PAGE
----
The problem with genres based on aesthetics is knowing where to draw the lines.
Decopunk is considered a subgenre of Dieselpunk set in a more 1920's diesel powered world. The problem comes in trying to get to the definition of what actually defines a genre.
I know I am obsessed with literary theory, but these are important questions if we are going to define a genre. In November, I resolved on a working definition that I am going to use to define steampunk as a literary genre.
The question is, if steam and clockwork mechanisms power the world, but it has an Art Deco style, does that invalidate a work as steampunk?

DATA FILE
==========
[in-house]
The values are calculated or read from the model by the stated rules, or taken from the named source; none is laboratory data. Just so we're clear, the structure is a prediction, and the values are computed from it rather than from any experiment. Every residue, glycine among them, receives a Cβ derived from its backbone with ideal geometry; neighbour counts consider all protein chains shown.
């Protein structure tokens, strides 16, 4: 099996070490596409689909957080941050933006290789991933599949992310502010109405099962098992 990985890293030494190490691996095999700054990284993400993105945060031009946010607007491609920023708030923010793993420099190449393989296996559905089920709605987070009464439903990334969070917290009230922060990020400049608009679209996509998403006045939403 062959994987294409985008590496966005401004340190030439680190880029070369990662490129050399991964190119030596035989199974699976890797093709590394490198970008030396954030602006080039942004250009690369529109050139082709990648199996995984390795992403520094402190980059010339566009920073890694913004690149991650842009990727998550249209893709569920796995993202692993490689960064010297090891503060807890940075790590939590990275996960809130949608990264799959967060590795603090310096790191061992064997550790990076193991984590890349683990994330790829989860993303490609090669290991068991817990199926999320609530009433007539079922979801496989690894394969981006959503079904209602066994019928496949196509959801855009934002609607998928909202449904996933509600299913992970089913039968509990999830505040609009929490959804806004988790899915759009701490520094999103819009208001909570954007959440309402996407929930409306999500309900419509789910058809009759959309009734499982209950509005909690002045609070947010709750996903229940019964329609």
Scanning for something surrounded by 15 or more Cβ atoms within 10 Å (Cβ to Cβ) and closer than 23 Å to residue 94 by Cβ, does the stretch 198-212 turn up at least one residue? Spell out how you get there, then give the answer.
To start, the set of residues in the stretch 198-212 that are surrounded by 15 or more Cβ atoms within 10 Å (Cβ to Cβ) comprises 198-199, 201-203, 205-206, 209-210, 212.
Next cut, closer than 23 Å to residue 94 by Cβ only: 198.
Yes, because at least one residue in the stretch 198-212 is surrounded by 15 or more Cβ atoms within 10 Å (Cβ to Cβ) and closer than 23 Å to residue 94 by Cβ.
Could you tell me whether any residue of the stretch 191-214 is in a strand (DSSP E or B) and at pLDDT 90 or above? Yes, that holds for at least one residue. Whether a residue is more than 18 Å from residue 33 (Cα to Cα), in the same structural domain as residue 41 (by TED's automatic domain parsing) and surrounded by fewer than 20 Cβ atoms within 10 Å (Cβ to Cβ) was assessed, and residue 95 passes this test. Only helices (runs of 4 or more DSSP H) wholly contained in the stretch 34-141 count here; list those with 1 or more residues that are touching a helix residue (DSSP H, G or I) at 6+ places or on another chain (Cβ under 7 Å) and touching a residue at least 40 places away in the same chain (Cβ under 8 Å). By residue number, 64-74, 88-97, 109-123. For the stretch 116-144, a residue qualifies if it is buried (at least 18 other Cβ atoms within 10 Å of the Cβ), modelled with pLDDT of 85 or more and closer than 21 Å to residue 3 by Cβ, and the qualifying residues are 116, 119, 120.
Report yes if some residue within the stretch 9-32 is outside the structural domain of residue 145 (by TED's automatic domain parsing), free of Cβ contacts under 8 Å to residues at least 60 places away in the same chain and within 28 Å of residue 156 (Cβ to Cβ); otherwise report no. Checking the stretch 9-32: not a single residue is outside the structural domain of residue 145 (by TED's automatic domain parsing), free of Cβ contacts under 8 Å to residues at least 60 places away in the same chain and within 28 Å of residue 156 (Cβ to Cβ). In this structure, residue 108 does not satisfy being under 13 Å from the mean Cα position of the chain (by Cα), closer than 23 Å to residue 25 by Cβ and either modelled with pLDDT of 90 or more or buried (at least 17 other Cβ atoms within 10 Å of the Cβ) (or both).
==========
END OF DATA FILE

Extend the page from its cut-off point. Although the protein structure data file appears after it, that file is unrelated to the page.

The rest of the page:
Since there are so many pieces of Steampunk Art Deco art on the net that have not met with a cavalcade of criticism and hate, I am inclined to believe that they are aesthetically compatible at least in the way steampunk is drawn.
That is the real problem with trying to pin down this genre. When something is primarily visual, it is like reading tea leaves to pull out the qualities that would make a story steampunk.
Beyond that, steampunk has been adapted to many visual styles such as Art Nouveau, but yet again, we are looking at the mode in which art is produced rather than the qualities that make it one genre or another. This problem keeps peaking up at me, and makes me question exacting what makes something steampunk.
While steampunk was born out of a neo-Victorian aesthetic, to limit a fantasy subgenre to a terrestrial time period feels overly artificial and pointless. An art deco building or a flapper girl in a steam powered speakeasy feels as steampunk to me as an adventurer in a bustle, but maybe that is just me.